Specific Type: Steel, Spinning
Santa Cruz Beach Boardwalk has stood proudly along the California oceanfront since 1907, surviving even through the harshest of times as one of the few seaside parks left on the West Coast. Today, it stands a California’s oldest surviving amusement park, and has done so while maintaining its small, nostalgic atmosphere and without the “major” attractions most other California parks boast.
The park’s long-time staple attraction, the Giant Dipper, opened at the park in 1924 after its original coaster, L.A. Thompson Scenic Railway, was removed at the end of 1923. Since then the park has seen a small group of coasters come and go, with the parks most recent addition being a kiddie coaster in 2000. The last more major coaster the park added came in 1992 with the opening of the S.D.C. Hurricane, which itself replaced the departed Jetstar that originally operated on that site. That coaster had stood proudly at the park for 20 years, but in early 2012, it was announced that the coaster would be leaving the park, heading for Western Playland in New Mexico for 2013 where it was sold for $500,000.
It was a huge loss for Santa Cruz Beach Boardwalk to lose one of its only three coasters, and Hurricane was the biggest of their two steel coasters, the only other being the small Sea Serpent kiddie coaster. But all was not lost. In September 2012, following months after the announcement that Hurricane would be leaving Santa Cruz, the park announced that it would be adding an even bigger roller coaster in its place for 2013.
Appropriately named Undertow, the new steel coaster is a spinning coaster from German manufacturer Maurer Sohne. At a cost of $5.5 million, the dizzying new coaster would become the “only spinning coaster in Northern California!” after the removal of Pandemonium at Six Flags Discovery Kingdom in 2012. Rather than traditional trains, Undertow is more like a Crazy Mouse coaster gone mad, utilizing individual cars each holding four passengers. But in this case, pairs of passengers sit back-to-back facing outward, and the cars themselves spin randomly throughout the ride based on weight distribution.
A ride on Undertow starts off with a sharp 90-degree turn right that engages the cars with the 50-foot tall lift hill. After cresting the apex of the lift, the track dips slightly, makes a sharp turn to the right into a short flat jog before the real fun beings. Where most wild mouse coasters would begin their 180-degree hairpins, Undertow banks sharply to the right and plummets down to the ground. As the cars skirt the ground heading back towards the bottom of the lift hill, the train suddenly pulls up and banks hard to the left, flattening out as it runs over the lift hill before making a wide U-turn into a block section.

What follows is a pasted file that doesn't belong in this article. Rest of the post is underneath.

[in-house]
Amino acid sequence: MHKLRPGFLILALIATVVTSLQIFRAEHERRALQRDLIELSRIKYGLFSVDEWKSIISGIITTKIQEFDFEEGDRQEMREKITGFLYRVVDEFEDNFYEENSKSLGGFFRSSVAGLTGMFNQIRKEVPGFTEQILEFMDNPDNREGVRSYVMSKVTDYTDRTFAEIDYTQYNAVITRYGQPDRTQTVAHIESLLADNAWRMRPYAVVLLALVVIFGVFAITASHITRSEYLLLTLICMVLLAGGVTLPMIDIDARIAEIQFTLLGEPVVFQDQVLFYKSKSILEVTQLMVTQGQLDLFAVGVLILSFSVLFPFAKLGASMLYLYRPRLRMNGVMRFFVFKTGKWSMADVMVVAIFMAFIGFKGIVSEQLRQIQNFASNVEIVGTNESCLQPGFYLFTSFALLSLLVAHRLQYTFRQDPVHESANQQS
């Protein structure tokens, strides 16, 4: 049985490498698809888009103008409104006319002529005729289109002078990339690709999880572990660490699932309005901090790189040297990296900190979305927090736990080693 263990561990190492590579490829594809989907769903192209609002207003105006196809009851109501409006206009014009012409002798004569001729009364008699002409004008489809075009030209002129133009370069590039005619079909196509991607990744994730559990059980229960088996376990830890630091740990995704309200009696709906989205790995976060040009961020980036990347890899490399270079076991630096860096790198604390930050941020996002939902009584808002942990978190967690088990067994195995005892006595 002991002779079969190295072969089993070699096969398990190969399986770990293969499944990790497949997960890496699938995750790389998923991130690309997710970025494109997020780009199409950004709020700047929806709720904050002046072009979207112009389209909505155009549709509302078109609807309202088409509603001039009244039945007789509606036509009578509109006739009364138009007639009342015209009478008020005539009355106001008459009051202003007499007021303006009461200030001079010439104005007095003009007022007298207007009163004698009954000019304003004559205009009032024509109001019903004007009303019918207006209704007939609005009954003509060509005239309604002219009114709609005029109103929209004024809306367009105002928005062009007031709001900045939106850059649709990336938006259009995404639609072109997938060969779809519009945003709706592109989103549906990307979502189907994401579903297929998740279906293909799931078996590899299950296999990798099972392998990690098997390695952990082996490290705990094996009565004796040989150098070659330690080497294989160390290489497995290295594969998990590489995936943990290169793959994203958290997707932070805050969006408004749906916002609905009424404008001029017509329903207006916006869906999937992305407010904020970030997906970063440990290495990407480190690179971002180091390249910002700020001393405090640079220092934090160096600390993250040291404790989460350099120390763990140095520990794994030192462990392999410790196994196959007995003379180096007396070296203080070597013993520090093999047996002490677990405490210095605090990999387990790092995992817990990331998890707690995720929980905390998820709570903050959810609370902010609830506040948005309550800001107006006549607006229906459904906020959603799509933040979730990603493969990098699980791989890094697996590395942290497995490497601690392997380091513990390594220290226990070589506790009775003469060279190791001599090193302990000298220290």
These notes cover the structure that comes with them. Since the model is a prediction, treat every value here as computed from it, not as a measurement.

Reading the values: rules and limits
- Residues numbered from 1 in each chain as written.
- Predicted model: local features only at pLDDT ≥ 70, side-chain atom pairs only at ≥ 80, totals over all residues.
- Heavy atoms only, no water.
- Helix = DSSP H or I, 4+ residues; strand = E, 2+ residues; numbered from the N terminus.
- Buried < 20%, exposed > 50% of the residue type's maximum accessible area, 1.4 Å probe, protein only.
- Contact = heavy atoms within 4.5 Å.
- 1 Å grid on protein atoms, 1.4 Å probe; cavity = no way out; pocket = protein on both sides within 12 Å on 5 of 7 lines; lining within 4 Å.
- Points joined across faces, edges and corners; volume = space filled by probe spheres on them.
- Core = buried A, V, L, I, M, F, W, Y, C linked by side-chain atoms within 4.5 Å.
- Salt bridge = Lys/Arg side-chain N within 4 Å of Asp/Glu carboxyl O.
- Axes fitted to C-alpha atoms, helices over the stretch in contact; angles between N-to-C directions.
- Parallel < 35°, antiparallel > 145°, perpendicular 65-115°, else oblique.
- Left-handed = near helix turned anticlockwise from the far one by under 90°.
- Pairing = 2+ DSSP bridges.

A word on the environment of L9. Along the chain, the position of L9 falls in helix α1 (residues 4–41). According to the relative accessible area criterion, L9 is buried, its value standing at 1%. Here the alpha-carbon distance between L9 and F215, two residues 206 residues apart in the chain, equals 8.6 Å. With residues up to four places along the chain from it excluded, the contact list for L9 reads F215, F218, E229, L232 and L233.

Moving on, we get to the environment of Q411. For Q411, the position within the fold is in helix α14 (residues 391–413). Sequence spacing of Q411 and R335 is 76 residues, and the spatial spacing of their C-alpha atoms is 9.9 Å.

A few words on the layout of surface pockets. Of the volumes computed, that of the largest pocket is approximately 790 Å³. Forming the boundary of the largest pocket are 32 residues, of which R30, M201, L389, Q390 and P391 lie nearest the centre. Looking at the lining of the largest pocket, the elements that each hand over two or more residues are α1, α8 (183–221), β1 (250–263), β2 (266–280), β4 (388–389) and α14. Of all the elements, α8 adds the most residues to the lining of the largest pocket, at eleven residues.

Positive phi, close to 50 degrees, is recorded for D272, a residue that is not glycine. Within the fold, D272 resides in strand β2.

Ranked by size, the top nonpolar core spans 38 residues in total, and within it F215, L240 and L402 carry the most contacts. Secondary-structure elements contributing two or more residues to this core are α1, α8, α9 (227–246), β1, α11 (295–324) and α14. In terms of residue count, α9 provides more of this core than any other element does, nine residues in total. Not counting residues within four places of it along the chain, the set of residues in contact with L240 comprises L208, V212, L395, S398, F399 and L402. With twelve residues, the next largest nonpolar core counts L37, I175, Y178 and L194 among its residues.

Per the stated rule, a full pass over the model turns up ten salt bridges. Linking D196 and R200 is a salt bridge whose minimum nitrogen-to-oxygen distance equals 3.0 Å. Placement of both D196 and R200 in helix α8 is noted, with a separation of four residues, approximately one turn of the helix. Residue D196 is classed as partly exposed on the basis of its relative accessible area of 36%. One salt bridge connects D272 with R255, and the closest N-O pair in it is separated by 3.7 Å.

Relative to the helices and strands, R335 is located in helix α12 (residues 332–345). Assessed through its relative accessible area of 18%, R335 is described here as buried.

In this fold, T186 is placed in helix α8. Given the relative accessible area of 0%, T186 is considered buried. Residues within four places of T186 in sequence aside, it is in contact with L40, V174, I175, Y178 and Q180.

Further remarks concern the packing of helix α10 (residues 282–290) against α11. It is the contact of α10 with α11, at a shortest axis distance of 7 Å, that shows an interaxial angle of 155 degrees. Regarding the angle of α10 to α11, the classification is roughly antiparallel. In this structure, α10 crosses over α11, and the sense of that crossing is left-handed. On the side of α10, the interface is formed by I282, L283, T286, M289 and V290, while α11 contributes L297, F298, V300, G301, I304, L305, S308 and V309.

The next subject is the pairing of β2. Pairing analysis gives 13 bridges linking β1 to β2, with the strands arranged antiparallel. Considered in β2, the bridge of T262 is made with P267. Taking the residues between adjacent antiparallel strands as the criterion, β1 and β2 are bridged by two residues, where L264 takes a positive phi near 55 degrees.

Rolling right, the track descends into a downward spiraling U-turn before careening upward into an 80-degree banked, horseshoe-shaped “Immelman turn” that reverses the train’s path. After the Immelman turn, the track rises and hurls riders 90-degrees to the right back under the apex of the lift hill into the next block section. Out of the block, the track makes a wide 90-degree right turn, then double dips and rolls right again, sending the cars spinning through a slalom section changes directions four times and ends with another turn over the station and into another block section. Once clear of the station, the track again twists right and drops down into a spiraling 360-degree carousel turn and rises into another block section. Another 90-degree drop to the right, skimming just above the ground, leads to a final 90-degree right turn and a little pop into the final brake run.
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